Any scientific management policy for wildlife must be adapted to the population dynamics of the wild animal and be region specific. Not all animals that come across as populated and create nuisance for humans, may be in need of culling, experts note.
Drastic decline in monkey population
As Mewa Singh, renowned primatologist and distinguished professor in the University of Mysore notes, even though bonnet macaques or the “south Indian monkey” are believed to be highly populated in Karnataka and created nuisance for tourists in cities like Mysuru, a recent study he conducted along with his colleagues had shown that the population of bonnet macaques had declined by 60 per cent between 1989 and 2009.
“So unless we study the long-term population dynamics of wild animals, we cannot decide whether culling could solve the problem of conflict. The problem might be something completely different than population rise,” Prof. Singh said. The reason why monkey population was observed to be declining and increasingly attacking humans for food in Karnataka, for instance, was that fruit-bearing trees in Karnataka’s cities were found to be disappearing.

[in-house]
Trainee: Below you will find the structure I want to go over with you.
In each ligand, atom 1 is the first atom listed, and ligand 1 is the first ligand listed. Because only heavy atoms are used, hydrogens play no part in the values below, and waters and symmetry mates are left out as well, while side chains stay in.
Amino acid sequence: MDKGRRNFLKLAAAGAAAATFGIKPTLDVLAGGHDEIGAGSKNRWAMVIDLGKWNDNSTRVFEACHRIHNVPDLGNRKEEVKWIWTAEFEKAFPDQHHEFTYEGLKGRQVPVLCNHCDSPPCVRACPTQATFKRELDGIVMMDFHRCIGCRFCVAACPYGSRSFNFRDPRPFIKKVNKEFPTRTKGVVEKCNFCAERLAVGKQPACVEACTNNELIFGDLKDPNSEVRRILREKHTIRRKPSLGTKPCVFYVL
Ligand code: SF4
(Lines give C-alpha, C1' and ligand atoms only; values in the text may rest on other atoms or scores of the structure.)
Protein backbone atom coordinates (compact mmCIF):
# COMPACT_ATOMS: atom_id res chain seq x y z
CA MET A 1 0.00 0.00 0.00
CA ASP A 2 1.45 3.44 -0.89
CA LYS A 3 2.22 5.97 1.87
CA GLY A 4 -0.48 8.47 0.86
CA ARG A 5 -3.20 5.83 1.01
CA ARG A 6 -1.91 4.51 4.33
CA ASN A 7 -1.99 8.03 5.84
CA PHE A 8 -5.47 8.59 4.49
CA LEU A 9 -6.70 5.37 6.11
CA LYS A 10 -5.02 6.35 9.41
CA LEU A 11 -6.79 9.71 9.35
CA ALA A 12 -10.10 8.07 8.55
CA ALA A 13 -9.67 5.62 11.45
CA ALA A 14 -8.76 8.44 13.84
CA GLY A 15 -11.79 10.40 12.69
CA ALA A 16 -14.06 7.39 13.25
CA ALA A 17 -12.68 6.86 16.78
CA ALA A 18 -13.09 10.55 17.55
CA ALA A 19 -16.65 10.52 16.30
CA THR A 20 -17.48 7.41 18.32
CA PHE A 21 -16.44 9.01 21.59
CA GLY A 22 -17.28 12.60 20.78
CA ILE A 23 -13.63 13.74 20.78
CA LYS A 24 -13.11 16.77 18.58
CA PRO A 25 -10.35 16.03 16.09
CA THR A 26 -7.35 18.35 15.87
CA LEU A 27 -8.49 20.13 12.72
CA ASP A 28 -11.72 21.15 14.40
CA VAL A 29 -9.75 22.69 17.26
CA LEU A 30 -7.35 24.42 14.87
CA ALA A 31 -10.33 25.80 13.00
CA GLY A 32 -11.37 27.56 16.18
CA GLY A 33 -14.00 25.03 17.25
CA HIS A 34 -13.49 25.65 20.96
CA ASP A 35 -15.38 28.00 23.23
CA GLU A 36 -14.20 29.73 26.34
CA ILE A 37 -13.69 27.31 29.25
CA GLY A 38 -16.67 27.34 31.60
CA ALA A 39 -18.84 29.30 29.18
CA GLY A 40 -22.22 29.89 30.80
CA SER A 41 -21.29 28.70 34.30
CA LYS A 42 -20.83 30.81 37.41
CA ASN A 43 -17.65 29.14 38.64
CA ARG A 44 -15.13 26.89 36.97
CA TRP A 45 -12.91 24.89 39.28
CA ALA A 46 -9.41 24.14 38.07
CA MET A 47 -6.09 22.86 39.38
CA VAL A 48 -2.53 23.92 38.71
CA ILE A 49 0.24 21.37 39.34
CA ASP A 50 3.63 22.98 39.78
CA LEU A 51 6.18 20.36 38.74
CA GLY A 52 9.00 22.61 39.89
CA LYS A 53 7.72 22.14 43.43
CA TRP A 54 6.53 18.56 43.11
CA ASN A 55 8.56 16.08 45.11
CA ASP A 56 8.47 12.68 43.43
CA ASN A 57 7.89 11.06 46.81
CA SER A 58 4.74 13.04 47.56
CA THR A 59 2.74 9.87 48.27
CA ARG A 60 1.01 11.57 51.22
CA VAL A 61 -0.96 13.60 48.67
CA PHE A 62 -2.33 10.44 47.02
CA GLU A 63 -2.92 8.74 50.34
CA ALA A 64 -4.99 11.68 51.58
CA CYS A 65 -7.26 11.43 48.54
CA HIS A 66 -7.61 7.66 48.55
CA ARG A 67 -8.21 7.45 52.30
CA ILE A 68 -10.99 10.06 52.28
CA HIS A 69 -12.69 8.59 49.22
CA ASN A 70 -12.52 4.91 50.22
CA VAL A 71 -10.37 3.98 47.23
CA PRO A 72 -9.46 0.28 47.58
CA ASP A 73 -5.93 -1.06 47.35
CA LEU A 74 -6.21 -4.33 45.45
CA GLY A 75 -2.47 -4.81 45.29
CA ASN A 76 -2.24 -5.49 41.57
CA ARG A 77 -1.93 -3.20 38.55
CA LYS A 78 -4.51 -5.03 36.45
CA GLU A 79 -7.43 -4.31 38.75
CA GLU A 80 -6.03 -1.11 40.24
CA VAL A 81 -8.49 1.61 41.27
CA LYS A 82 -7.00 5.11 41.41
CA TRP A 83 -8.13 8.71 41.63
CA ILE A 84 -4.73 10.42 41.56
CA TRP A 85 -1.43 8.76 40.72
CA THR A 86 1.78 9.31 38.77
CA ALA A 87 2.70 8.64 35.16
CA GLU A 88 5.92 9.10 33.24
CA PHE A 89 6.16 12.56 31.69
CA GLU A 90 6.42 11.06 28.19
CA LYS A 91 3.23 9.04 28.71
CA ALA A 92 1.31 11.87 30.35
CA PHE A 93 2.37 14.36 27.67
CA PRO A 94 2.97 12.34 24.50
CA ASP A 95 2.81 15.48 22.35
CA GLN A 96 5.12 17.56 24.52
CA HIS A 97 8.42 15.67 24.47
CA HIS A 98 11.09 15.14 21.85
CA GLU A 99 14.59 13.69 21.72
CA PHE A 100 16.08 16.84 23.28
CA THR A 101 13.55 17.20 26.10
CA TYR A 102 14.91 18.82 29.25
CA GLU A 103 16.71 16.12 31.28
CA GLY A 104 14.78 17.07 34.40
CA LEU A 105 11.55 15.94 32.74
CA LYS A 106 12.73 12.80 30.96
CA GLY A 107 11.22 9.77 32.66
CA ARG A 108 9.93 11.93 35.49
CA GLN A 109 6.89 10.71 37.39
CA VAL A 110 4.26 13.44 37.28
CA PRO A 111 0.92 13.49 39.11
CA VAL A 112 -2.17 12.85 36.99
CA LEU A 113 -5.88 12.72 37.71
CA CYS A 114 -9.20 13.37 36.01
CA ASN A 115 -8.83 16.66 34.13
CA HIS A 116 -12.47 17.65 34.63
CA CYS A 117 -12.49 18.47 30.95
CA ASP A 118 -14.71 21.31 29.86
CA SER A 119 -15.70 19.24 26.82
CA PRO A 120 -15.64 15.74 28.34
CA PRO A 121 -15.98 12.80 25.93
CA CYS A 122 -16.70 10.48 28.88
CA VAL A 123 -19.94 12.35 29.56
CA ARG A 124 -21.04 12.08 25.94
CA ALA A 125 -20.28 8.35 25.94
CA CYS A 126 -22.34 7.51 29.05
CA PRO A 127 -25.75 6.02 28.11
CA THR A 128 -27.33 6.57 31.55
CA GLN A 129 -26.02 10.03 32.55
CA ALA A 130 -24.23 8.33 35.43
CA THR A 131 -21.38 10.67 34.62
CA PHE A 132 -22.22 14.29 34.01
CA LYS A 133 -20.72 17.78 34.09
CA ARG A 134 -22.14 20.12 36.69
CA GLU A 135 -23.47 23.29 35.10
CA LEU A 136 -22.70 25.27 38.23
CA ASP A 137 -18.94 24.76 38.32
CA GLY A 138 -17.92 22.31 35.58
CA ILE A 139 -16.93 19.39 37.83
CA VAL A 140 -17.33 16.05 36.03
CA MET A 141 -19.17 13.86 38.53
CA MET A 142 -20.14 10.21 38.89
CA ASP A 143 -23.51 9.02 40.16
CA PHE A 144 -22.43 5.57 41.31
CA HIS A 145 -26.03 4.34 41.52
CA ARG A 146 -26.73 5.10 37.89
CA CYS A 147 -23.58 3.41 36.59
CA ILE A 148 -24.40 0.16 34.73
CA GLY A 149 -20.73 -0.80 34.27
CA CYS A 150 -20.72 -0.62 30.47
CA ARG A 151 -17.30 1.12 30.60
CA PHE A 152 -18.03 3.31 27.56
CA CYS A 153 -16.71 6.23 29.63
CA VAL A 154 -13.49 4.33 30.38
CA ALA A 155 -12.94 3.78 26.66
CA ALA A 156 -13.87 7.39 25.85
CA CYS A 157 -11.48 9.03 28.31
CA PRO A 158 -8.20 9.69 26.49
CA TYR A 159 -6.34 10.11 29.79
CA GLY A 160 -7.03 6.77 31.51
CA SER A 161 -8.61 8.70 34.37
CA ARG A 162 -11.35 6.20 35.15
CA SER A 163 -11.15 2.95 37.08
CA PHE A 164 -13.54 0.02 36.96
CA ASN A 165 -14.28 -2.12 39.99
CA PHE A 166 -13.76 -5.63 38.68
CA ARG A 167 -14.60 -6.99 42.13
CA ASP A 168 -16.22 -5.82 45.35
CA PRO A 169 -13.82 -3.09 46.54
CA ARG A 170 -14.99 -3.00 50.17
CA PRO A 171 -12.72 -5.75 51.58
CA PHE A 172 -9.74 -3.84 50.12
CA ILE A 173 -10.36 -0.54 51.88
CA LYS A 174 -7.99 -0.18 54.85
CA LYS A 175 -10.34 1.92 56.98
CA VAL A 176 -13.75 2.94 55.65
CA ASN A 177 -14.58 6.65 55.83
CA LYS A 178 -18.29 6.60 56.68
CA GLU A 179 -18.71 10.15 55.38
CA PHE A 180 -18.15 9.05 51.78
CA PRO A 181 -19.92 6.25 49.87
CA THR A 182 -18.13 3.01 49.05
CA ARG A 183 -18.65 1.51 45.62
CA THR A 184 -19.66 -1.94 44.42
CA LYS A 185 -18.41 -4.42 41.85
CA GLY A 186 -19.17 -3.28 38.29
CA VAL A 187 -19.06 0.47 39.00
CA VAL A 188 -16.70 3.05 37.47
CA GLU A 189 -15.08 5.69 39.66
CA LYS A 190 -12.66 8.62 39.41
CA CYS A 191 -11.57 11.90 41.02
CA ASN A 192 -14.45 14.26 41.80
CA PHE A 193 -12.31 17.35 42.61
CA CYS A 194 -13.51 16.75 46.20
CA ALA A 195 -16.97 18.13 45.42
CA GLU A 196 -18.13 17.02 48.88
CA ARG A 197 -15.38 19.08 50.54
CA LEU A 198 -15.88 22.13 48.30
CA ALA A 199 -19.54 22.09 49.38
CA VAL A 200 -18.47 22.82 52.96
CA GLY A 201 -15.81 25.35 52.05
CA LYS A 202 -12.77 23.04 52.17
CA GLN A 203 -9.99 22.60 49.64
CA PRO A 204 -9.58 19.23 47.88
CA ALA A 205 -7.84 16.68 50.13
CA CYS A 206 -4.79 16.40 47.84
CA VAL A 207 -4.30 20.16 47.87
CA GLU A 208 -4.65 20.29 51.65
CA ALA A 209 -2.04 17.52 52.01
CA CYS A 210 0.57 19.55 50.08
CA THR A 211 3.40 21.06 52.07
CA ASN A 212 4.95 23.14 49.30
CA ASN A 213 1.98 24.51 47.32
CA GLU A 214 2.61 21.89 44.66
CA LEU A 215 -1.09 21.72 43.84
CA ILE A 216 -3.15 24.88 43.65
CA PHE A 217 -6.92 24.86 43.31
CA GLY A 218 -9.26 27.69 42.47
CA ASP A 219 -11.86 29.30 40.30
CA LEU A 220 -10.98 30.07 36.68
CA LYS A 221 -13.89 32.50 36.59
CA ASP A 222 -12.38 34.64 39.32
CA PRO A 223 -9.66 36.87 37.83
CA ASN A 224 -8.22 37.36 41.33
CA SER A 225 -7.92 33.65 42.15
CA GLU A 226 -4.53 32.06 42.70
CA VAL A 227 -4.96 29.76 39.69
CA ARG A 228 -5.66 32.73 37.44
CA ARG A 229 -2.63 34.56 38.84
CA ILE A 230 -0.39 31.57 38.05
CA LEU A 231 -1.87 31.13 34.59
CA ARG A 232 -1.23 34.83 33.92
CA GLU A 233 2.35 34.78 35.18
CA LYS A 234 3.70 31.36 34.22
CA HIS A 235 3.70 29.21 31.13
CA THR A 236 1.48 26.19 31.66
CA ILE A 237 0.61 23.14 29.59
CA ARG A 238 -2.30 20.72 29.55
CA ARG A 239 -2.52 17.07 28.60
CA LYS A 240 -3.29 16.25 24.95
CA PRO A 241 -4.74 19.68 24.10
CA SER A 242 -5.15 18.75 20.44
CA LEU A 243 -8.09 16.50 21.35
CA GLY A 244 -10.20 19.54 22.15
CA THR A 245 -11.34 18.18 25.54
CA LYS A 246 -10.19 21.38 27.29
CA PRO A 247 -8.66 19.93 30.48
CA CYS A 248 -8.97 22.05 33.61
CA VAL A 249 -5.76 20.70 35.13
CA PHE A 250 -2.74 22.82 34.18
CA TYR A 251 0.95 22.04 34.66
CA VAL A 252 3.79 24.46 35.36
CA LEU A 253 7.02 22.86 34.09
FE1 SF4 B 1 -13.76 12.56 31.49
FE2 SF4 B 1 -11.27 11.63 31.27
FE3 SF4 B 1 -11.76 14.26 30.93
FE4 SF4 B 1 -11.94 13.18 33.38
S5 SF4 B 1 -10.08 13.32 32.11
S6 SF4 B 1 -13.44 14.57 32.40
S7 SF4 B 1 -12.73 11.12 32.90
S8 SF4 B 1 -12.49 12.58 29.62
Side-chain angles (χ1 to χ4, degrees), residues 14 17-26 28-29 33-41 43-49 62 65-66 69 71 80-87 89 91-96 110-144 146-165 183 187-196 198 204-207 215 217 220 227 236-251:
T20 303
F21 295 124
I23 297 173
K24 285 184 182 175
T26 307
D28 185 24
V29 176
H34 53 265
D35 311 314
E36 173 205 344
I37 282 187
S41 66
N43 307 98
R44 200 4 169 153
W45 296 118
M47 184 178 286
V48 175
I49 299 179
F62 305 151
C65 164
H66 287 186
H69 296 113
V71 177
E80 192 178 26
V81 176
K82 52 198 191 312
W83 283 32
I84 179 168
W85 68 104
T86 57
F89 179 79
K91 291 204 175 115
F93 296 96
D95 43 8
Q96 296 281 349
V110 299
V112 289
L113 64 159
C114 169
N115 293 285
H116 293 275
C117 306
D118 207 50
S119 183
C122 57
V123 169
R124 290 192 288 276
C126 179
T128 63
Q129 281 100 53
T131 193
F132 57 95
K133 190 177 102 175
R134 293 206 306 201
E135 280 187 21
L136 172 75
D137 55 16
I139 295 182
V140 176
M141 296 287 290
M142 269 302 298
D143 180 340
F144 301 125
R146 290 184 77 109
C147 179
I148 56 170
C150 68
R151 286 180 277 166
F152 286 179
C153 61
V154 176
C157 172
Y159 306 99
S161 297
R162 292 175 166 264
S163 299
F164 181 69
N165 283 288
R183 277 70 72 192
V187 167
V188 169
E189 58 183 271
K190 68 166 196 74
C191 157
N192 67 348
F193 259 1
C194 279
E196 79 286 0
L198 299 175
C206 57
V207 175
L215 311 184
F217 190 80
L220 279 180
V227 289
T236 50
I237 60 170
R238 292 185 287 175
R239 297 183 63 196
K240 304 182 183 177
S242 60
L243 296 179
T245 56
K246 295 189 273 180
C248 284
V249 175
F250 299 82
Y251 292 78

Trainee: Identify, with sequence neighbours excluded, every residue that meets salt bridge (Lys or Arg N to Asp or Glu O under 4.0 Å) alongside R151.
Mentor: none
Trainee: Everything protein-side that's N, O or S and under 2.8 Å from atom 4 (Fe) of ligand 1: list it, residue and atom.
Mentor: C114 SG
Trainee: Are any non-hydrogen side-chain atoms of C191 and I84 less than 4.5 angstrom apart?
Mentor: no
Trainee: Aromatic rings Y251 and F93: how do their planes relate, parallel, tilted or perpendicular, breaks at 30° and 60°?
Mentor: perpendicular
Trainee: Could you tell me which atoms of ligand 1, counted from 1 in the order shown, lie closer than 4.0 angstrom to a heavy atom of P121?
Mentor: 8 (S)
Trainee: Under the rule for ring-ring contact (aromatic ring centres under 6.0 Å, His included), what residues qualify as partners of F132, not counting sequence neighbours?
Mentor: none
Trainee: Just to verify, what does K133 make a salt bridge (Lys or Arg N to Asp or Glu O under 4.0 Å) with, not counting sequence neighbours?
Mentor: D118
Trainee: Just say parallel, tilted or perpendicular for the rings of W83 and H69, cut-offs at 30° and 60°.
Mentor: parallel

In Himachal Pradesh too, where the rhesus macaques had been declared vermin, Mr. Singh said that no efforts had been made to understand the population dynamics of the animal. “There are some five sterilisation units available for wild animals in the State but no population management effort has been made by the forest department,” Mr. Singh said.